How to Tell if Bread is Done

There is nothing quite like the smell of homemade bread baking in the oven or bread machine (which, by the way, are a totally great investment if you’re an avid bread maker). But overbaked and underbaked bread can only lead to heartache and disappointment. 

That said, it’s pivotal that you know when your bread is done. The good news is that there are three easy ways to tell whether or not your bread is done. 

Checking with a thermometer is the best way to determine doneness, although you can also perform the “tap check” or look for visual cues like a golden appearance and pulling away from the sides of the pan.

Howdy, bread lovers! If we haven’t met yet, my name is Michelle, and I’ve been whipping up loaves of bread in my kitchen for years. It’s one of my passions – even though it can be a little tricky sometimes, especially when it comes to determining “doneness.”

Today, I’m going to share my top four ways to tell if bread is done.

5 Ways to Tell if Bread is Done

Bread-baking can be difficult in many ways, from the proofing process to the baking and everything in between.

But I’m here to help make your life easier. I’ve found four foolproof ways to determine whether or not your bread is done – you know, so you don’t end up chowing down on some under or overcooked bread; yuck!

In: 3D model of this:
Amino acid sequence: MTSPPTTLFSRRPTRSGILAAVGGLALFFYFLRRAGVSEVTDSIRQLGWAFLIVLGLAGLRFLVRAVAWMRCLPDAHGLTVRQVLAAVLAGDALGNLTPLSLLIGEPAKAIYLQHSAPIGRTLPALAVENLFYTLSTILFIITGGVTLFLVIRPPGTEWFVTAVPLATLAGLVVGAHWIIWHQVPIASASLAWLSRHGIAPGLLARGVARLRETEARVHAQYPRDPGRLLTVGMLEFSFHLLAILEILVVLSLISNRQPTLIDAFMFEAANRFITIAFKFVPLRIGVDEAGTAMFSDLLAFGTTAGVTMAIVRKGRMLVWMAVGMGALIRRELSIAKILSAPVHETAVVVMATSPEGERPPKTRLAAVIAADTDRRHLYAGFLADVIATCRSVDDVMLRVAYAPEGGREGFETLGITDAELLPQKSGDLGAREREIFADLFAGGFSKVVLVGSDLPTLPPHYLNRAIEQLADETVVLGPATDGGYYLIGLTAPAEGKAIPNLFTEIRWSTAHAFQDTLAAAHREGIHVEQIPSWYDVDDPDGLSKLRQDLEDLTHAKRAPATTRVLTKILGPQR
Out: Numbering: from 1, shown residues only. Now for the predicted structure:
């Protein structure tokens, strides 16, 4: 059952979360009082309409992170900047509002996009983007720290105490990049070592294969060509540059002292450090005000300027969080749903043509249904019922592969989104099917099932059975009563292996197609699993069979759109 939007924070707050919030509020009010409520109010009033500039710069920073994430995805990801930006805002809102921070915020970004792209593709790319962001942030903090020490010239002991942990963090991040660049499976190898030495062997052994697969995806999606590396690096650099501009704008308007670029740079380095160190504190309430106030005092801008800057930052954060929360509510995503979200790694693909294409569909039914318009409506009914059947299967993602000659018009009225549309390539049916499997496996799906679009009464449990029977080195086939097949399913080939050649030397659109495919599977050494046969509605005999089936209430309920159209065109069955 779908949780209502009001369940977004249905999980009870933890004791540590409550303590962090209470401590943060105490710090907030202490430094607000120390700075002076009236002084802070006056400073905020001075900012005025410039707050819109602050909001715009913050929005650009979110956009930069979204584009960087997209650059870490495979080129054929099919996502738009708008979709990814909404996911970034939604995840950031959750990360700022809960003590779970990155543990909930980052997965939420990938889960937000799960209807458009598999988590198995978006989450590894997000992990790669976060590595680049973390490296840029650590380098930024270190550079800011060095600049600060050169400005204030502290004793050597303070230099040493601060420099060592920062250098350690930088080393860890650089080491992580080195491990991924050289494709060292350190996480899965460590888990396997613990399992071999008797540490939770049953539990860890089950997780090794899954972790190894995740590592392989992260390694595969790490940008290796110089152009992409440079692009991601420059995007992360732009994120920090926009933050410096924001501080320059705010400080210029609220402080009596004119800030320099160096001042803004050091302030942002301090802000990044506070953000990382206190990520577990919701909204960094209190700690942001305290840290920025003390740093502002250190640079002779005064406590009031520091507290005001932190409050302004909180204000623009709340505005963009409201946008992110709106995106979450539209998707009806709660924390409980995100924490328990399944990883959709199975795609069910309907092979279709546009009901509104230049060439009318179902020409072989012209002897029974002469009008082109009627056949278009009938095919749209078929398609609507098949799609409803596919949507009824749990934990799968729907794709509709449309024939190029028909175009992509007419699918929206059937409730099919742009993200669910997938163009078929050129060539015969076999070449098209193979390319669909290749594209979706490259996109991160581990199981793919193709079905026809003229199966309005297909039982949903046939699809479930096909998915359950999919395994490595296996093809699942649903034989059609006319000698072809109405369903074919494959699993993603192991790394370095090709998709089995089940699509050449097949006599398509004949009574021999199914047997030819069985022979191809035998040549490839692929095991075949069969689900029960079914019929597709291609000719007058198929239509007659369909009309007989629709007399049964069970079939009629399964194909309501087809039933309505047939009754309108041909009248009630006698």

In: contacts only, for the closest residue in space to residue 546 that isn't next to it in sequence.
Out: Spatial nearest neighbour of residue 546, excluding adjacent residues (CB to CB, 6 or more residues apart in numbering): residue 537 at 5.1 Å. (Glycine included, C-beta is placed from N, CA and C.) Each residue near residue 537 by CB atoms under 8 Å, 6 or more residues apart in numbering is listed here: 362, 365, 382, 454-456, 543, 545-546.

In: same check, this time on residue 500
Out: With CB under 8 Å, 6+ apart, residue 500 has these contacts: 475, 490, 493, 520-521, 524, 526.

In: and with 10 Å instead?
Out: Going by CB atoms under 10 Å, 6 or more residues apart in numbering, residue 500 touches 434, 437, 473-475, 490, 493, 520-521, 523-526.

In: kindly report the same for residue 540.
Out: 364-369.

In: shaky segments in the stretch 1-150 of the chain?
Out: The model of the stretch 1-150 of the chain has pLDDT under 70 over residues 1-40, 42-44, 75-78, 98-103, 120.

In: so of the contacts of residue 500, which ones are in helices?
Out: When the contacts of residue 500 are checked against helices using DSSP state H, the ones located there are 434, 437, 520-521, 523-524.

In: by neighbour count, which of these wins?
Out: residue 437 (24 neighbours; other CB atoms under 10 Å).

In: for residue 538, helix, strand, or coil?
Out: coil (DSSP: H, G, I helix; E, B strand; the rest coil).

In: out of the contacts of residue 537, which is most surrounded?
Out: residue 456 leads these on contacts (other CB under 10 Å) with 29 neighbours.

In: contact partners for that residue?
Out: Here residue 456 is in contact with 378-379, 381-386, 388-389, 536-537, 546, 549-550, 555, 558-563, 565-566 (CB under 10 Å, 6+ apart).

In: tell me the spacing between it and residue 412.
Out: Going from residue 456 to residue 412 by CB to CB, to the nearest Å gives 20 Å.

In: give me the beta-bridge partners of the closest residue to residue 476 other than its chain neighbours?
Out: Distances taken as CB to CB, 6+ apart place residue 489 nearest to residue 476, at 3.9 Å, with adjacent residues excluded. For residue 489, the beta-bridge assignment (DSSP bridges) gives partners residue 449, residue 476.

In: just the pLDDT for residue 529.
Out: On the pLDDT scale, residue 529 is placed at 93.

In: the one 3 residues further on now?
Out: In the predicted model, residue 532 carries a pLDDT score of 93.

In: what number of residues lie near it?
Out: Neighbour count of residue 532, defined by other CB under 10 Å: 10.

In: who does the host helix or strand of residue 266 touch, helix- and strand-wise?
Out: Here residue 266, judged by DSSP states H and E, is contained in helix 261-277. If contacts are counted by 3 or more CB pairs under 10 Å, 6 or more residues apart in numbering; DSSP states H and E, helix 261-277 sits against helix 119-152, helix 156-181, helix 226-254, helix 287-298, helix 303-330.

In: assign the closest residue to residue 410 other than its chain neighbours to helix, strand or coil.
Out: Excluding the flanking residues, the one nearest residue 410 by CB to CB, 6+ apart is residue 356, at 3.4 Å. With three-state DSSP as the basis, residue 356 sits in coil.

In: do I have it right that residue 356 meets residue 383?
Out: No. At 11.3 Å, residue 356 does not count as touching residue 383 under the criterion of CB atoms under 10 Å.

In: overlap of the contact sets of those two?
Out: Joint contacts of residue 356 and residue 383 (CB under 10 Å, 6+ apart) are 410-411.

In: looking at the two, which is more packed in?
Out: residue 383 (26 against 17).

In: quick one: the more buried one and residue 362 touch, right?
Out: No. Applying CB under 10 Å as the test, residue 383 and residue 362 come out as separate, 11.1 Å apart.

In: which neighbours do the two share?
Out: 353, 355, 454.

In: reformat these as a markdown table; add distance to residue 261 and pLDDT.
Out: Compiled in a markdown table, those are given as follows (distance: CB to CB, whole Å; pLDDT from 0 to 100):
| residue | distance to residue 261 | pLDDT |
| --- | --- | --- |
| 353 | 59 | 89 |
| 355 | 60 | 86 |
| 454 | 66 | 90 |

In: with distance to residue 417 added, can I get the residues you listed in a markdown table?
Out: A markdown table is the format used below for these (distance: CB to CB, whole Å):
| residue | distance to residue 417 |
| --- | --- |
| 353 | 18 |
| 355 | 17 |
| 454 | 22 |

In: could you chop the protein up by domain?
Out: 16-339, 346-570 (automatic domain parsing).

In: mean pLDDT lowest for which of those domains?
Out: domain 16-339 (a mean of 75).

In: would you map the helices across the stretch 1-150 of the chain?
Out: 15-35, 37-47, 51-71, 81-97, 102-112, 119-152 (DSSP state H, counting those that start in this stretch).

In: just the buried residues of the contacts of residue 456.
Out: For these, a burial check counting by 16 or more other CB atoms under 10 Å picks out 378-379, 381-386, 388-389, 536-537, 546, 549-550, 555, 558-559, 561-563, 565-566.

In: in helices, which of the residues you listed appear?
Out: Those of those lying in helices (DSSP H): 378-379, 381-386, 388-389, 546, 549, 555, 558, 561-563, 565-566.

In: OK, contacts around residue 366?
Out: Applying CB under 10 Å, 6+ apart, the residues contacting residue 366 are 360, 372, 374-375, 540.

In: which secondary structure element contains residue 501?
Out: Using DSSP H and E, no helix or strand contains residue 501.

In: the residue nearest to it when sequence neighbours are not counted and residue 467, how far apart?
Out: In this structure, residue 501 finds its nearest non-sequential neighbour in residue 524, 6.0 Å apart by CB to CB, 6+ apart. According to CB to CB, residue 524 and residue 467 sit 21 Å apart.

Here are my four methods for success!

1. Reads 190F to 210F

I’ve said it once, and I will say it again – if you enjoy baking bread, you need a bread-baking thermometer. These thermometers are designed for instant read action, so you spend less time with the oven door open and more time getting results. 

To use your instant-read bread thermometer, simply stick it into the middle of your bread. Yeast loaves should be anywhere from 200F to 210F, while softer bread types will be slightly lower at 190F to 200F.

2. Golden brown crust

Another great way to check for bread doneness is to give it a good look. When the bread is done, it will have a delightfully golden crust with a few dark spots. You know what I’m talking about – that perfect, inviting hue that makes you want to dive right in! 

Tip: Most recipes will share how the bread should look when it’s done baking. Always rely on the recipe for the best results!

3. Pulls away from the pan

Take a look at the loaf pan. Is the bread still hugging the sides, or has it successfully pulled away? Bread that’s pulled away from the sides of the loaf pan has completed its baking cycle and is likely ready to be removed from the oven.

4. Sounds hollow

The final way to check if your bread is done is to use the “tap test.” This is a very accurate and pretty fun way to determine doneness.

To perform the tap test, simply give your loaf of bread a gentle tap. If it sounds hollow, then it’s done. Easy-peasy-lemon-squeezy!

5. Bonus – clean toothpick check

Most people reserve the “toothpick check” for when they’re baking cakes or cupcakes, but it can also be used for baking bread.

The toothpick check is the same whether you’re baking cakes, cupcakes, or loaves of bread. Simply push the toothpick into the middle of the bread. If the toothpick comes out clean – or with just a few moist crumbs – it’s good to go!